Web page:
Local residents and members of a group are reacting to what they feel is an arrogant response from a pipeline company regarding recent state violations for spilling a mix of gasoline and water into a wetland area near Pinckney.

Local anti-pipeline group, ET Go Home, filed a complaint with the Michigan Department of Environmental Quality regarding the smell of petroleum in water discharged from the pipeline project. Residents noticed an ongoing water spill on the construction easement on Dexter-Townhall Road near the border of Livingston and Washtenaw Counties.

Energy Transfer is the company constructing the pipeline and received a violation notice dated October 13th from the MDEQ stating Rover’s dewatering activities may be exacerbating the spread of contaminated groundwater from a former gas station. It says groundwater contaminated with petroleum was being captured through the dewatering process, which is being employed for the pipeline installation. That groundwater was being discharged to the wetlands adjacent to the Portage River. The response letter from Rover says the company voluntarily ceased dewatering activities and has been in communication with the MDEQ. It states Rover decided to employ a carbon filter system to eliminate the flow of any pre-existing contamination at the site. The letter adds the company does not believe any registration was given for water withdrawal. The letter closes by reminding the MDEQ that the Rover Pipeline Project is regulated by the Federal Energy Regulatory Commission or FERC, which places certain limits on MDEQ’s permitting authority once a project is certificated and begins construction.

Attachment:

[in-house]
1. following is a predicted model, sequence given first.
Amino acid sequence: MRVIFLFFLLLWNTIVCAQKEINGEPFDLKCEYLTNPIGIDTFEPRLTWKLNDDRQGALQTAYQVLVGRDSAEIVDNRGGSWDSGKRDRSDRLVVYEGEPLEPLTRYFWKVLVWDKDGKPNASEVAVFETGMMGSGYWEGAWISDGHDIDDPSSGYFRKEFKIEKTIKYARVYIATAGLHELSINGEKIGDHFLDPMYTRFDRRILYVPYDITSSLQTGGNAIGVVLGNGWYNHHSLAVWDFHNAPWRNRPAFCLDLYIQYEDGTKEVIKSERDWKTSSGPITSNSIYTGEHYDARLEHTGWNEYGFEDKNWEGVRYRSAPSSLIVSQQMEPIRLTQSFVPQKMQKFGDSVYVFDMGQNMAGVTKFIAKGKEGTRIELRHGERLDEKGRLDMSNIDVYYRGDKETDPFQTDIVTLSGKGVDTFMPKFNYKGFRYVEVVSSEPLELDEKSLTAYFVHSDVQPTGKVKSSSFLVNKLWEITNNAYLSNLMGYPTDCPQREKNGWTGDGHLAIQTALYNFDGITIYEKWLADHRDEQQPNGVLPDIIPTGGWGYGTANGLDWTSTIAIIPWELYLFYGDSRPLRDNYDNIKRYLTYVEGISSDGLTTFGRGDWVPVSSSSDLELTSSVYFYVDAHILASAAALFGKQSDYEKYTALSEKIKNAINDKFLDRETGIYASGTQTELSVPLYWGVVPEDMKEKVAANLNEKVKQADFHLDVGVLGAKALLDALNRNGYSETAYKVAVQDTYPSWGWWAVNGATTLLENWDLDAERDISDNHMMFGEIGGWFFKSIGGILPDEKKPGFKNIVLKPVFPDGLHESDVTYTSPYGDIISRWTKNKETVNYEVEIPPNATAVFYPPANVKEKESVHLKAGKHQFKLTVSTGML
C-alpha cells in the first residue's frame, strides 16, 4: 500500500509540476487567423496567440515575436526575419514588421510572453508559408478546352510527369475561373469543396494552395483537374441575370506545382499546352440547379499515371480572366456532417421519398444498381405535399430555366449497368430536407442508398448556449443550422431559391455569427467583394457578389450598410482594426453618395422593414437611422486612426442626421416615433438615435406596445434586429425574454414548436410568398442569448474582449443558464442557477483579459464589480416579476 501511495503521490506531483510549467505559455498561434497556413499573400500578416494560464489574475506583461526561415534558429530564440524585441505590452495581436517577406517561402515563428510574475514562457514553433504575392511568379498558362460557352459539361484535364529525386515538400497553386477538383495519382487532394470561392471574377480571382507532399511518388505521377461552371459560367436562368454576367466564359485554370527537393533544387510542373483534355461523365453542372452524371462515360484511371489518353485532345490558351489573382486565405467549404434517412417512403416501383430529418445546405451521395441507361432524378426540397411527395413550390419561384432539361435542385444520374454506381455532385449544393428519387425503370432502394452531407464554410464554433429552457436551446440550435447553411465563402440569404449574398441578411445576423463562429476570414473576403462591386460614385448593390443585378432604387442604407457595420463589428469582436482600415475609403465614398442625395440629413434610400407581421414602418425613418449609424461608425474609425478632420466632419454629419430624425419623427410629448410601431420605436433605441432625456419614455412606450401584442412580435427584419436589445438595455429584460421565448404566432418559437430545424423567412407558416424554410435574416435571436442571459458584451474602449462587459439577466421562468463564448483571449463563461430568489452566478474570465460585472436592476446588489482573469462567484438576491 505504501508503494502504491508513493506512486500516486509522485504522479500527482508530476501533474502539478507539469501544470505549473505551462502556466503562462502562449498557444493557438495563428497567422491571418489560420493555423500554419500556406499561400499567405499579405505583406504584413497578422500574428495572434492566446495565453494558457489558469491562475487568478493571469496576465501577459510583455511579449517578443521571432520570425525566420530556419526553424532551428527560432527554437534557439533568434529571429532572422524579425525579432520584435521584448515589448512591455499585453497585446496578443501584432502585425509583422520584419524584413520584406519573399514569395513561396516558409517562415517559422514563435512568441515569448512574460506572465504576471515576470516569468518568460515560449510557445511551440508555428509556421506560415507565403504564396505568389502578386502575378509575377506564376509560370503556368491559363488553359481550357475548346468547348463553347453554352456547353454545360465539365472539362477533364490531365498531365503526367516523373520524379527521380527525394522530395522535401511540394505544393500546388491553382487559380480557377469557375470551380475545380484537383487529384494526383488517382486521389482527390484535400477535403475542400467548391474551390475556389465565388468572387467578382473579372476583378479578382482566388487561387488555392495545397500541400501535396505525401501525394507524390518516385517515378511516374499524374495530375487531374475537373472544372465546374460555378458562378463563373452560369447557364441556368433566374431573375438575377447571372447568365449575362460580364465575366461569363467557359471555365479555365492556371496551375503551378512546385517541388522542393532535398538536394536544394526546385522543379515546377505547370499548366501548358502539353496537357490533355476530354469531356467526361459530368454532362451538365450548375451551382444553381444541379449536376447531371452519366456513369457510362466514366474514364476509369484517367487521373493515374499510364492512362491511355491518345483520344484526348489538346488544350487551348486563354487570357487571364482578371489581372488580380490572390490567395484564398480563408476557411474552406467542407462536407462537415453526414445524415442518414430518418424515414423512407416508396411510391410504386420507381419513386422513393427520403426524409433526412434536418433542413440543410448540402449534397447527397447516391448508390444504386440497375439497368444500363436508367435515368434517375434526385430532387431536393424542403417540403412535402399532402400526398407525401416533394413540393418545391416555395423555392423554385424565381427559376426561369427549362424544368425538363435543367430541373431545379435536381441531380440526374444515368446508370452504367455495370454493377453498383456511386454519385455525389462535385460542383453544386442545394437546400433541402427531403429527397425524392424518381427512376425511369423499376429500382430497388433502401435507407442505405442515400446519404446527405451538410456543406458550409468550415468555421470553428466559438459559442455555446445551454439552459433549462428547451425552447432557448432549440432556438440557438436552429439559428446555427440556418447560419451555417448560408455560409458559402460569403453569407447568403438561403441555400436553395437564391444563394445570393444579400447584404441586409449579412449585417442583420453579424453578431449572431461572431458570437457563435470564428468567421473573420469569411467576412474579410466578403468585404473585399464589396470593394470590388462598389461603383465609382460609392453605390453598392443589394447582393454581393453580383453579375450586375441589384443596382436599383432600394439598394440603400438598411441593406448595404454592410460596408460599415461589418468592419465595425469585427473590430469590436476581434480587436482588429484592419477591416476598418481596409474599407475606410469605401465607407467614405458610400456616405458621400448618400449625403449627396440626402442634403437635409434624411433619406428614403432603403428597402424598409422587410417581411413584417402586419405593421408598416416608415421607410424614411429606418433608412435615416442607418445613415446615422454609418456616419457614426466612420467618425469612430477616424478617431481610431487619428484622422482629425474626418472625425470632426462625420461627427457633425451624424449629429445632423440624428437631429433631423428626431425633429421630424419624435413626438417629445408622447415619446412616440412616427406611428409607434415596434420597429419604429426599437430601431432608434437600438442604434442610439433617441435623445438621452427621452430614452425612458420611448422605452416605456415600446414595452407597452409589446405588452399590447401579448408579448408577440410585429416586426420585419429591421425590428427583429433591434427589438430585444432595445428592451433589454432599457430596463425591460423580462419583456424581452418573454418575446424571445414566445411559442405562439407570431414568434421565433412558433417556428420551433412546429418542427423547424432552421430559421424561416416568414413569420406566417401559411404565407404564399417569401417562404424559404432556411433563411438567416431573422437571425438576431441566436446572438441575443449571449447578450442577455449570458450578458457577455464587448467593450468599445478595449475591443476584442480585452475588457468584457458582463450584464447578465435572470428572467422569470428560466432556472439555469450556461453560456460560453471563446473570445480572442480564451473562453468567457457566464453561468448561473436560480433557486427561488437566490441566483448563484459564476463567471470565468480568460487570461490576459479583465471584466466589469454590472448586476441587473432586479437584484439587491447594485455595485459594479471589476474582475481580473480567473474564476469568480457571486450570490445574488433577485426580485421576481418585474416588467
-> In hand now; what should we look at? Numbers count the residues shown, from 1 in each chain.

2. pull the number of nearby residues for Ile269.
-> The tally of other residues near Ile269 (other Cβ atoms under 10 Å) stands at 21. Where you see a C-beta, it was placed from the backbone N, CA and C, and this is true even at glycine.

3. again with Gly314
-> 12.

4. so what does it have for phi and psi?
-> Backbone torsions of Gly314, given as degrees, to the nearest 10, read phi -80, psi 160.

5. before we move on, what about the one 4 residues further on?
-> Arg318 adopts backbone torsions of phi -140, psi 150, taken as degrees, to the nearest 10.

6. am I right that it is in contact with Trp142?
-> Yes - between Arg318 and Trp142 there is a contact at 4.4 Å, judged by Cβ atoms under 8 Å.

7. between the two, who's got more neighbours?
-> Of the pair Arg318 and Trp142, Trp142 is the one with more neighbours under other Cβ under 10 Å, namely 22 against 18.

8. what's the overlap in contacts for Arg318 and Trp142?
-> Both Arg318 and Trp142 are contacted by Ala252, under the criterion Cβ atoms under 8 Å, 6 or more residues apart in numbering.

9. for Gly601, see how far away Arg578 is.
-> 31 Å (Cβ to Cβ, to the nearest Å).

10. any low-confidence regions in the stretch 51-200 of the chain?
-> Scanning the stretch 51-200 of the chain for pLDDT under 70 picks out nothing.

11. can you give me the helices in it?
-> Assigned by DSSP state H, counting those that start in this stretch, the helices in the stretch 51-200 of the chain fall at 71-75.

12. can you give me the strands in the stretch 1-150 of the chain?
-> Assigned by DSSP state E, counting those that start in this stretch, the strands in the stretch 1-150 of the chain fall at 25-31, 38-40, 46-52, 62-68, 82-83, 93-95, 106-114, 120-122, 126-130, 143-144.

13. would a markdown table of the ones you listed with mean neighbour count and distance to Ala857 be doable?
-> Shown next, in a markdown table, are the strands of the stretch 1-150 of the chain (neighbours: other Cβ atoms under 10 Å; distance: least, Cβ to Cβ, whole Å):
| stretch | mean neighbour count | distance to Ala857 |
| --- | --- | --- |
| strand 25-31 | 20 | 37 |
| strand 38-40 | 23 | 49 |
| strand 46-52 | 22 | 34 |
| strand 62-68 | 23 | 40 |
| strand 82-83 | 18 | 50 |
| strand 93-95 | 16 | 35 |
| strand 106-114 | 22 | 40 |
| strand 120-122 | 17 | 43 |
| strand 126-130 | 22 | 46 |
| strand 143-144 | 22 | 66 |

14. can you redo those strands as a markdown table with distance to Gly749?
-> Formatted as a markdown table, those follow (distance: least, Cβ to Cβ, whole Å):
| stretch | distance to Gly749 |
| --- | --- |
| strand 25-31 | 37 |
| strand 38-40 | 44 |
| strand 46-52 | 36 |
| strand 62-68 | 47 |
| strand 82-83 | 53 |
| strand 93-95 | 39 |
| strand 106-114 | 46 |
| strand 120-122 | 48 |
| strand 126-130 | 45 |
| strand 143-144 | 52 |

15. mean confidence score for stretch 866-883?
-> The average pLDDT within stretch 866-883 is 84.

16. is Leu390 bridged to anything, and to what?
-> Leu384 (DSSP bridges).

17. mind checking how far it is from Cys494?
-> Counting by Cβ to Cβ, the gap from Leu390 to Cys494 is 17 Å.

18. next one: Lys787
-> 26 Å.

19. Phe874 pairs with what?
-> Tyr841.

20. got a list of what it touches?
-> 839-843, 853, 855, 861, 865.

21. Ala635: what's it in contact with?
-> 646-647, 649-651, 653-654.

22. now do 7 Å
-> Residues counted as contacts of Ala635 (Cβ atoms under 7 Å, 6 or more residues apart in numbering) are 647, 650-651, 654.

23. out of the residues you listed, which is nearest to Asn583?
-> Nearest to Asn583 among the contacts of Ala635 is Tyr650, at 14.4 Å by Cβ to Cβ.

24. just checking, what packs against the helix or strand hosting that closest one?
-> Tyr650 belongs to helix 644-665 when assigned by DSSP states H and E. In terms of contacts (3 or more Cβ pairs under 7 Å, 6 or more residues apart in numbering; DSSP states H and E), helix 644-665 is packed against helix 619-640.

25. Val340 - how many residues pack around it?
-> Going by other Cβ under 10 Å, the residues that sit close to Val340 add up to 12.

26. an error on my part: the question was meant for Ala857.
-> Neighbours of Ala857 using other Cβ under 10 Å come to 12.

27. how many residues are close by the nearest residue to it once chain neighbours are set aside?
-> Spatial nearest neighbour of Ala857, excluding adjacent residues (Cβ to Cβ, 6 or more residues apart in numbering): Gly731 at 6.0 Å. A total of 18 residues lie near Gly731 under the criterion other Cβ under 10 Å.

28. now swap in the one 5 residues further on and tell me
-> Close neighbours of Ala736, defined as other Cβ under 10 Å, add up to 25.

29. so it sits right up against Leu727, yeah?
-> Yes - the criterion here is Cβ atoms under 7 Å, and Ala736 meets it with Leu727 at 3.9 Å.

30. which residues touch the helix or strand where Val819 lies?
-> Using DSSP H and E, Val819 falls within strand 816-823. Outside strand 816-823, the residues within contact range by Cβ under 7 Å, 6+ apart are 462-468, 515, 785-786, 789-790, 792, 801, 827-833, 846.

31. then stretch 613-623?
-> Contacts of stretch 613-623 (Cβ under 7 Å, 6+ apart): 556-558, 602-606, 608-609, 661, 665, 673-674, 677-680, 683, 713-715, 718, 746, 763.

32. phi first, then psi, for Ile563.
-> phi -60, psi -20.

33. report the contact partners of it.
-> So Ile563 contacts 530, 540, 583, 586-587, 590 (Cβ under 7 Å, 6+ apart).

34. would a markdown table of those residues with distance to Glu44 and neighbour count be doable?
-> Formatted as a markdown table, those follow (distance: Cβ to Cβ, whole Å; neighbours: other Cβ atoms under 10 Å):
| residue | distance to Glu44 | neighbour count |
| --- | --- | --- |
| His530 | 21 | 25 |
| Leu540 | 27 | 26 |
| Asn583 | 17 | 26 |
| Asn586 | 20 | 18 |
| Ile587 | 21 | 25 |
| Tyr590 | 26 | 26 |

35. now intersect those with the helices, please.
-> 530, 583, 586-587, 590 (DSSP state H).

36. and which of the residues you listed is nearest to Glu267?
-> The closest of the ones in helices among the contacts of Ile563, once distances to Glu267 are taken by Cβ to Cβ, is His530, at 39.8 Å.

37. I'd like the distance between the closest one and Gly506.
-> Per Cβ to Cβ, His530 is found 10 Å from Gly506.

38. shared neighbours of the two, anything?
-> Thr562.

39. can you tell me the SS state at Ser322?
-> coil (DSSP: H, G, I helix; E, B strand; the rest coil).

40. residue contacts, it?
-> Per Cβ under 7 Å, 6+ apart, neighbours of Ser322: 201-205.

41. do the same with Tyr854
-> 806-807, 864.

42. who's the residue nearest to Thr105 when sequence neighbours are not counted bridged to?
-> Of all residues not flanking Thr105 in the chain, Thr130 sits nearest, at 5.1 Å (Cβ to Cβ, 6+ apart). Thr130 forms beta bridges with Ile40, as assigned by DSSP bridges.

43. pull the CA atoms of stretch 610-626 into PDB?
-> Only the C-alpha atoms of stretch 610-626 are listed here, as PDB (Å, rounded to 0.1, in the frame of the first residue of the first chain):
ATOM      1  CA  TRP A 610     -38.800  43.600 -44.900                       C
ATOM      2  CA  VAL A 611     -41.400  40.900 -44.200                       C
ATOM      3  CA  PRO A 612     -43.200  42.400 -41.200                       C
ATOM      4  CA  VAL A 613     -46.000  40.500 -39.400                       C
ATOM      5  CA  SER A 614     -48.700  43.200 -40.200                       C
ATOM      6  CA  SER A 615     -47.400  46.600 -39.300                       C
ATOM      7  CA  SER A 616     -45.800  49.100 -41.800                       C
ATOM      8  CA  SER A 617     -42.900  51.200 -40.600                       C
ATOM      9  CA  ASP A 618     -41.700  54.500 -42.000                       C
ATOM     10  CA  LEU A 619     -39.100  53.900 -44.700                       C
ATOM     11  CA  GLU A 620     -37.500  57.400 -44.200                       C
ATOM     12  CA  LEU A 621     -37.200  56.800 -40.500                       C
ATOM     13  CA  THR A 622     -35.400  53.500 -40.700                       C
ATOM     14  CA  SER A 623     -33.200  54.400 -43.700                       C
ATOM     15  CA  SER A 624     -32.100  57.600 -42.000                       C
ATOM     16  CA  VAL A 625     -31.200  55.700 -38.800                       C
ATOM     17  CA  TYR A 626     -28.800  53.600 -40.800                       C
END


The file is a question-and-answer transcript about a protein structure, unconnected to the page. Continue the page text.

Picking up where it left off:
Local Activist Jen Nelson tells WHMI Rover obviously fears they have uncovered a possibly long-term contamination source in the route they pushed for but, failed to adequately assess. She says if they've touched off a major pollution problem, it will be their own fault, and all damages and remediation will be theirs to pay for – adding the public is not going to back off.

Environmental Law Attorney Terry Lodge commented that Rover persists in denying the authority of state environmental agencies to impose limits on their activity. In Ohio, she says they have pointedly refused to pay a $2.4 (M) million fine for various drilling fluid spills and other misdeeds. Lodge says their response letter arrogantly suggests that they need only 'voluntarily' respond when their construction may be poisoning the water source for downstream communities, adding it's time to terminate Rover's pipeline construction permit permanently.

Both the violation notice and Rover's response are attached. (JM)